Jerome Dill’s next chapter: Now is the perfect time for me to move on to the next stage of my career
Jerome Dill, corporate lawyer, former United Bermuda Party Minister of Education and Deputy Premier and now Validus legal counsel, is moving on to the next stage of his career.
He leaves Validus Re on August 31, and while he will remain in a consultancy role at the reinsurer he helped to build from its inception here, he talked broadly about a move that will take him into something different again — although he would not be drawn on specifics.
Sitting in his fifth floor office in the AIG building on Richmond Road, overlooking the wooded hills of Pembroke, he talk about Validus and his time there.
“I have been with Validus for nearly seven years, and in that time I have been a part of taking the company public, the listing on the New York Stock Exchange and the acquisition of an extremely successful Lloyd's syndicate, and a number of other mergers and acquisitions.
Validus chairman and chief executive officer Edward Noonan concurred. “Jerome was instrumental in the founding of Validus, first as outside counsel, and ultimately as General Counsel of the company,” he said.
“Jerome's expertise and experience were critical in helping us acquire Talbot Underwriters at Lloyd's. His United Kingdom legal training was a great asset for us.”
“I think of Jerome as a partner in the development and success of the company, and look forward to working together for many years to come in his role as outside counsel to the company.”
Mr Dill added: “I think that Validus is a robust and successful company, and that now is a perfect time for me to move on to the next stage of my career.”
Validus Reinsurance, Ltd was formed in December 2005 as an operating subsidiary of Validus Holdings, Ltd and is headquartered in Bermuda.
A provider of short-tail lines of reinsurance including property catastrophe, property pro rata and property per risk, as well as marine and energy, and other specialty lines.
Today, the reinsurer has an A (excellent) financial rating from AM Best.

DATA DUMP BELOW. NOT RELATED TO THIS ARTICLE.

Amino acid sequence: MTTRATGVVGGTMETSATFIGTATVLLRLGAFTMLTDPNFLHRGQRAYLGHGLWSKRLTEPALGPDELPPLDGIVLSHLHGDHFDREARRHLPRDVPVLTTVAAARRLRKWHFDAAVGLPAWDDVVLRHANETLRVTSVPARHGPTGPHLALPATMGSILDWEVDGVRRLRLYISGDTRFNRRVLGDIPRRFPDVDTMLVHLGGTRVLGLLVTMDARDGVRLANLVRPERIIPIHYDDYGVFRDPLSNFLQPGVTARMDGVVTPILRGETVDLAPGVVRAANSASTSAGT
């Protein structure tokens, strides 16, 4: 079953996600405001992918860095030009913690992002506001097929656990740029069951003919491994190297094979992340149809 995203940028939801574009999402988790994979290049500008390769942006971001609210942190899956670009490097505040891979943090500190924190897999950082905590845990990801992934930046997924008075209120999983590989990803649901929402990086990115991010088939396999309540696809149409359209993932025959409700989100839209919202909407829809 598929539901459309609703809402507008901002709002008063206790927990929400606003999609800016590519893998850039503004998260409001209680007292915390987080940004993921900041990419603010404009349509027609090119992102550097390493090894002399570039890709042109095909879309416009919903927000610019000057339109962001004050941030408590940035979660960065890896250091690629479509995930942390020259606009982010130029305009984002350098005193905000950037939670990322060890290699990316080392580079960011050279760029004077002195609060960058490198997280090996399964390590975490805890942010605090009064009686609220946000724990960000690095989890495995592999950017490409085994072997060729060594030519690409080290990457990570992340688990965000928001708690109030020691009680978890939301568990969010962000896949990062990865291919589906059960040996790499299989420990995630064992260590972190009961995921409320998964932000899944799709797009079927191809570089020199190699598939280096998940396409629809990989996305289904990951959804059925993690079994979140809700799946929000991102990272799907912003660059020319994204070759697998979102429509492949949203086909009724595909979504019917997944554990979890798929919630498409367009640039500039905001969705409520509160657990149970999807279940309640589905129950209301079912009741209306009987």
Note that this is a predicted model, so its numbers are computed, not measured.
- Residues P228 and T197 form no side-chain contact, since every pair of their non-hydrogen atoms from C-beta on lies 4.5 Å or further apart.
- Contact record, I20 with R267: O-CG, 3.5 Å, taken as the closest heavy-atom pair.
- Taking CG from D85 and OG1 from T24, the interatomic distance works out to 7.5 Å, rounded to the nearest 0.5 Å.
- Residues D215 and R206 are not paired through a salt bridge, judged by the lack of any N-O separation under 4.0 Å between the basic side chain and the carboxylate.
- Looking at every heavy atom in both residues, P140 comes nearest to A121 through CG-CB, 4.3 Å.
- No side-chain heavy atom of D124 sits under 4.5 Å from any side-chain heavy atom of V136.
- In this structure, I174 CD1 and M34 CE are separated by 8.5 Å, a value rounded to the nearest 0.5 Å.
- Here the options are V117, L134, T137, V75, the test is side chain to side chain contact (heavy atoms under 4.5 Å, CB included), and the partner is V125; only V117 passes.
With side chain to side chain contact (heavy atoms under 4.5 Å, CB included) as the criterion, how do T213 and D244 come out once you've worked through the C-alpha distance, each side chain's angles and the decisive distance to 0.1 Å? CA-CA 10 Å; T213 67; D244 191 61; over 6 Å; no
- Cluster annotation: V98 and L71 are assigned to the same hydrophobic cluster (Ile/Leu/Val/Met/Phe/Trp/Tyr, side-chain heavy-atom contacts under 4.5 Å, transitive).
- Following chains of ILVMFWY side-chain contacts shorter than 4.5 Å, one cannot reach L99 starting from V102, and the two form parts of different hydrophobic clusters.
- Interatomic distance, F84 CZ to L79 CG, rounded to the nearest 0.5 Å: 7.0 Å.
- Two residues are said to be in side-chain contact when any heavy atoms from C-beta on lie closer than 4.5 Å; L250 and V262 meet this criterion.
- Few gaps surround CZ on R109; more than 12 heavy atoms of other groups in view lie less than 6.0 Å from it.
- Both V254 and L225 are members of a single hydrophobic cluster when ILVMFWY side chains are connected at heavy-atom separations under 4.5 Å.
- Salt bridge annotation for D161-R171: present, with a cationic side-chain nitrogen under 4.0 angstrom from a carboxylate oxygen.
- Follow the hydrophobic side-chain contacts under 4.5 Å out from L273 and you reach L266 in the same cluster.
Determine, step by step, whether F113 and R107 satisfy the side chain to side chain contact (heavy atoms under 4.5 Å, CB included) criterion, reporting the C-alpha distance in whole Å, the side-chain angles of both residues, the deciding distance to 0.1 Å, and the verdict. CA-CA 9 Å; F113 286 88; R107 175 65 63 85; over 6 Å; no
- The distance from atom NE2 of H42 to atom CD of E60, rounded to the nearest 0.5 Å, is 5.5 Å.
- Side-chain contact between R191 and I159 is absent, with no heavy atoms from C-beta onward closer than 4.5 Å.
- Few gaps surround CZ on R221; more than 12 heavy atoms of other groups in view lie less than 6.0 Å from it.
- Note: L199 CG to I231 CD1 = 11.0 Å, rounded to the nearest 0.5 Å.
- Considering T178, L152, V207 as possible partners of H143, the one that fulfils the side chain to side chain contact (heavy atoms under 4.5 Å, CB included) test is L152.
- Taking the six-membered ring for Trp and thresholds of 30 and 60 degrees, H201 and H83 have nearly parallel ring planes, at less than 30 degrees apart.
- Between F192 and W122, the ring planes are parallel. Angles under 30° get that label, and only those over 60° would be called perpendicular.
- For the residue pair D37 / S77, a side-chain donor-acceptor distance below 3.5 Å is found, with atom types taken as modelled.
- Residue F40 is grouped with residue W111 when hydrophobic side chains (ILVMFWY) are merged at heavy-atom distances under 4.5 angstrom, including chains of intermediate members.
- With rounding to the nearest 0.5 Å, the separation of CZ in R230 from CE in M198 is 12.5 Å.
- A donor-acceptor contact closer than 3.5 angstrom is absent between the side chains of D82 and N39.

In addition to their headquarters in Bermuda, Validus Re also has overseas offices in Asia, Continental Europe and Latin America.
“While I was here, I was obviously general counsel and responsible for global human resources, and I had the opportunity to work with a team of professionals globally on the HR front, to establish robust, cohesive HR and recruitment which continues to work well today.”
He said Validus' “driving principals” in their hiring practices: “ ... attracting, retaining and training the highest possible calibre of individual,” are the reason for this. “I'm proud of that,” he said.
His additional roles at Validus include working with the regulatory authorities. “I'm also responsible here as principal representative with overall responsibility for interfacing with the regulators, and our history as a company in that regard is very, very good.
“I'm proud of what we've built here at Validus — we have built a world class operation from scratch,” describing the reinsurer as “something special”.
“In the previous few years, we've worked under the Progressive Labour Party and now under the One Bermuda Alliance, and the transition of that. “Our function is to work with the government of the day, because Bermuda is our home — I don't believe we have any intention of developing in a way where Bermuda is not our home.
“Anything we can do to contribute, we are happy to do.”
Mr Dill pointed to Validus' philanthropic work. “We are very active in our charitable endeavours in Bermuda. I was the chairman of the charities committee here. The focus has always been on the development of the institution and the individuals in need — principally in Bermuda and absolutely with a Bermuda connection.
“I'm sure that will continue.
“On the basis of all of that, Validus is a successful group of companies and now is the time to move on to the next stage of my professional development,” he said.